The Times, Britain's oldest surviving newspaper still in circulation, first published in 1785, is a politically centre right, Conservative Party orientated, quality news, compact type newspaper, aimed at the upper middle classes, businessmen and academics.

The Daily Express first published in 1900 and it's sister paper the Sunday Express first published in 1918 are right wing, wholly Conservative orientated, quality news ' Red Top ' populist tabloids aimed at the middle, working classes and well educated.

The Daily Mail, first published in 1896 and it's sister paper the Mail On Sunday first published in 1982, are right wing, wholly Conservatve orientated, quality news, ' Red Top ' populist, tabloids aimed at the middle working class and well educated.

The Daily Mirror, first published in 1903 and it's sister paper the Sunday Mirror first published in 1915 are both wholly pro Labour Party orientated, socialist, ' Red Top ' populist, mass market tabloids, aimed at the average and well educated, general working class.

The Sun, first published in 1964 and it's sister paper the News Of The World first published in 1843, are right wing Labour orientated,' Red Top ' mass market tabloid, compact type newspapers, aimed at the general working class of average education.

Due to rumours of phone hacking by journalists working on the News of the World Sunday newspaper, the 168 year old tabloid was taken out of circulation by it's owner Rupert Murdoch in July 2011.

On the 26th of February, Rupert Murdoch's, News International, published it's new weekly newspaper, The Sun on Sunday.

The Daily Star first published in 1978 and it's sister paper the Daily Star Sunday first published in 2002 are both right wing, Labour orientated, ' Red Top ' populist tabloids, aimed at the general working class of average education.

The Morning Star, first published in 1930 as the Daily Worker is a communist / socialist orientated, ' Red Top ' tabloid aimed at the middle and working classes of good and average education, with particular political tendencies.

The Daily Sport first published in 1991 and it's sister paper the Sunday Star are sensationalist, yellow journalist,non news publications aimed at those that have little or no interest in world news, preferring to read instead, ludicrous but highly comical, non news sensationalism mixed with soft porn, sport and celebrity gossip.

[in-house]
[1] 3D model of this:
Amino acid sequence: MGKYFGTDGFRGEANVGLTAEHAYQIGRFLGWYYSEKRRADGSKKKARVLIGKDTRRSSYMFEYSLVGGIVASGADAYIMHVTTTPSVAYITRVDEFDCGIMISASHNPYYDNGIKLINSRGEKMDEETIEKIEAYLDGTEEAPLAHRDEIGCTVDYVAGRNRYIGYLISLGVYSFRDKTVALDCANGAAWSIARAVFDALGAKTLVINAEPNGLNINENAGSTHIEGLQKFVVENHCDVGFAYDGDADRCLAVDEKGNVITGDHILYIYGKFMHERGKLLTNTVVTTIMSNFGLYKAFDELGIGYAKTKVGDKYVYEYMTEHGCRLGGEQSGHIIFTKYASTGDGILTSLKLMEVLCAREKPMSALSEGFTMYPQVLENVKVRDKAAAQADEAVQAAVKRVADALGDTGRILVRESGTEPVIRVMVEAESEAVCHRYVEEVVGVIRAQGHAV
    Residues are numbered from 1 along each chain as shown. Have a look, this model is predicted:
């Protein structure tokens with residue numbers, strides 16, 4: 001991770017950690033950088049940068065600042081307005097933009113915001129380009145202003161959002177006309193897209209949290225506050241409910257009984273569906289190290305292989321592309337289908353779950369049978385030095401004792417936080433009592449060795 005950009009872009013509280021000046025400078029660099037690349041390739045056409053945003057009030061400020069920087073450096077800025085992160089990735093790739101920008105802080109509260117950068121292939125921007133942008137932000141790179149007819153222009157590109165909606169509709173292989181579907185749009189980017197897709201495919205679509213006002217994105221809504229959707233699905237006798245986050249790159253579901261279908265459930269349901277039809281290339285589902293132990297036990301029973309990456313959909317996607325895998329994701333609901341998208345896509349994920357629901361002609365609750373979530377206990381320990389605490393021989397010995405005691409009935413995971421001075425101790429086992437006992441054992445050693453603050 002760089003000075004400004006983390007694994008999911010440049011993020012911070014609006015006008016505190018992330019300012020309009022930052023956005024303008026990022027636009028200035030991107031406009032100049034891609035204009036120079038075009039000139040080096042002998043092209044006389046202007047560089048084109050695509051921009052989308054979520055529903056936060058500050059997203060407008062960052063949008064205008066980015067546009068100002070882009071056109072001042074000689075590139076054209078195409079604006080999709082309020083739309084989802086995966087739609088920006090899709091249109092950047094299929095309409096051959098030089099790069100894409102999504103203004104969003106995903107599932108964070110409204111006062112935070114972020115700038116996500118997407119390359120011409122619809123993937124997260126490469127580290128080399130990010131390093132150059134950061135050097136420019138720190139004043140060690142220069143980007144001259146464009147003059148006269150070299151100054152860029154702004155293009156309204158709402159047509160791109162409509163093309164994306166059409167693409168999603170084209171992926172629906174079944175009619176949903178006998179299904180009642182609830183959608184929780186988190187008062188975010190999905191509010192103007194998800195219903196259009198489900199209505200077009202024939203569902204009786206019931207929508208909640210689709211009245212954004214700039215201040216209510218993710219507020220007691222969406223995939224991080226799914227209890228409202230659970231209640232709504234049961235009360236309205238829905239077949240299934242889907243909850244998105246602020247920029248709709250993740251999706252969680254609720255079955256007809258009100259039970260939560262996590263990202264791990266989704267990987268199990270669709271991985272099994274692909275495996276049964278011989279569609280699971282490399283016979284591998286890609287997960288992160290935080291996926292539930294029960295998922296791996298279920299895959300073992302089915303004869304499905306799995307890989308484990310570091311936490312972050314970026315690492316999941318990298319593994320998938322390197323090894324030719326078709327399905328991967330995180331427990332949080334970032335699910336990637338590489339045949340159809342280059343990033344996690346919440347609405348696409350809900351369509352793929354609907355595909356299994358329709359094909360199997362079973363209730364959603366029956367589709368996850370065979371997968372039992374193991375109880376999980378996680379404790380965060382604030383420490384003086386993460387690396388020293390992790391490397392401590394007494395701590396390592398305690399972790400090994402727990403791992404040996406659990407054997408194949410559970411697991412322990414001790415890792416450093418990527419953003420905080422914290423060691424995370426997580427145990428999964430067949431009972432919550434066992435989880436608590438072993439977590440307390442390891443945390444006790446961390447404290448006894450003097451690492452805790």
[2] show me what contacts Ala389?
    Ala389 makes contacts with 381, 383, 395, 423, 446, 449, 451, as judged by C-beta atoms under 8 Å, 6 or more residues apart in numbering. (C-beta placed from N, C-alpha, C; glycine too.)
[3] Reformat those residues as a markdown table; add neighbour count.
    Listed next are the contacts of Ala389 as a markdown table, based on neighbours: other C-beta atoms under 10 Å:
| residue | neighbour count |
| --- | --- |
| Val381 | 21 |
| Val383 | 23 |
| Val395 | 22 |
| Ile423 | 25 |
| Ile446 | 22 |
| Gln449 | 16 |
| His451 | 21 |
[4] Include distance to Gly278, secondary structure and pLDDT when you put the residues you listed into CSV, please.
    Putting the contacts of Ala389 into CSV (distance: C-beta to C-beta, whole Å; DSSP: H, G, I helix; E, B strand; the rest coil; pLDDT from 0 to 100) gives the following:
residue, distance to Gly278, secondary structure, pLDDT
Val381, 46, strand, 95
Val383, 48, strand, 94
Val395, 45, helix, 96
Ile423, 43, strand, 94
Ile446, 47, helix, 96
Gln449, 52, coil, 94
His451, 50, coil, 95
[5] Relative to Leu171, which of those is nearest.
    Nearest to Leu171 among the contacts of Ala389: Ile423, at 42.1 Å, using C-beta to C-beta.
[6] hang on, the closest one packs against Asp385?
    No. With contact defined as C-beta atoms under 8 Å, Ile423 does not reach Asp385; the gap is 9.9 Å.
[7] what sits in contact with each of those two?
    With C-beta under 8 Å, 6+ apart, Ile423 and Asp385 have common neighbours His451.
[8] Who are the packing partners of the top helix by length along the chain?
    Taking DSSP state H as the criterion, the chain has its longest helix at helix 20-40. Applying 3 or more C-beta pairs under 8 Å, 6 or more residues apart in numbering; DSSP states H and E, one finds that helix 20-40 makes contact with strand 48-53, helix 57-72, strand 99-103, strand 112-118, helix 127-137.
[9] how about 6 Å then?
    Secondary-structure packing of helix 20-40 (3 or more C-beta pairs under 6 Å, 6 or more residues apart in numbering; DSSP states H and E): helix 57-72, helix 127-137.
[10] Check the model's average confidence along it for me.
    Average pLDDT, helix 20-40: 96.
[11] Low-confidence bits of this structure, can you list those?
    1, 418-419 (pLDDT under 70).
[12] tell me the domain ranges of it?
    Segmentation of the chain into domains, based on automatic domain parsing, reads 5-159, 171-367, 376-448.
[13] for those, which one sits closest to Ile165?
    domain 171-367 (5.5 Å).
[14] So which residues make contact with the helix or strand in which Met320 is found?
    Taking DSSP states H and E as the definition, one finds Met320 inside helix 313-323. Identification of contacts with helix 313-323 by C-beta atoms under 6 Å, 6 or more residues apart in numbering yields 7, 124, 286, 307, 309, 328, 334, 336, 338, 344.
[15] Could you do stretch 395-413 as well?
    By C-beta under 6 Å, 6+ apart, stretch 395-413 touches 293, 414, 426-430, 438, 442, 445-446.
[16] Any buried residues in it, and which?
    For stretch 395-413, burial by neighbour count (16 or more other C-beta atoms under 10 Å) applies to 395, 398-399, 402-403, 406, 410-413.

The People is a celebrity gossip and scandal mongering, non news worthy, Sunday only tabloid, aimed at any that want to read inane celebrity culture and TV orientated gossip. 

                                                                 BRITISH NEWSPAPER FACTS.  


The world's first ever, illustrated newspaper, featuring the front page on it's first day of publication, where it gives an account of the War in Afghanistan ( no change there then ) and the candidates for the up and coming U.S Presidential elections.

Britain's first official daily newspaper was the London Gazette, originally known as the Oxford Gazette, first published on the 7th of November 1665.

The World's first ever illustrated newspaper was the Illustrated London News, published in May 1842, now classified as the forerunner of the Celebrity Gossip magazine , as it drew it's popularity from publishing illustrated articles about The Royals and well known musical, theatrical and artisitic figures of it's day.

Britiain's top selling newspaper is the mass market ' Red Top ' tabloid, The Sun, with a daily readership of 2.9 million people.

Britain's oldest, running newspaper is the The Times, which was first published on the 1st of January 1785. It was known in those days as the Daily Universal Register.

Britain's largest newspaper group is the The Mirror Group, who publish 240 regional, 5 daily's and 3 Sunday newspapers every week.

The Group was first formed in 1903 with the publication of it's long running, Daily Mirror, which was originally a newspaper aimed at a women only readership.

Fleet Street in London, has for centuries been the home of British journalism, but in recent years, different newspaper offices and printing houses have been moved to various corners of the country, in order that England, Northern Ireland, Scotland and Wales, all receive regional variations of all the Daily and Sunday newspapers.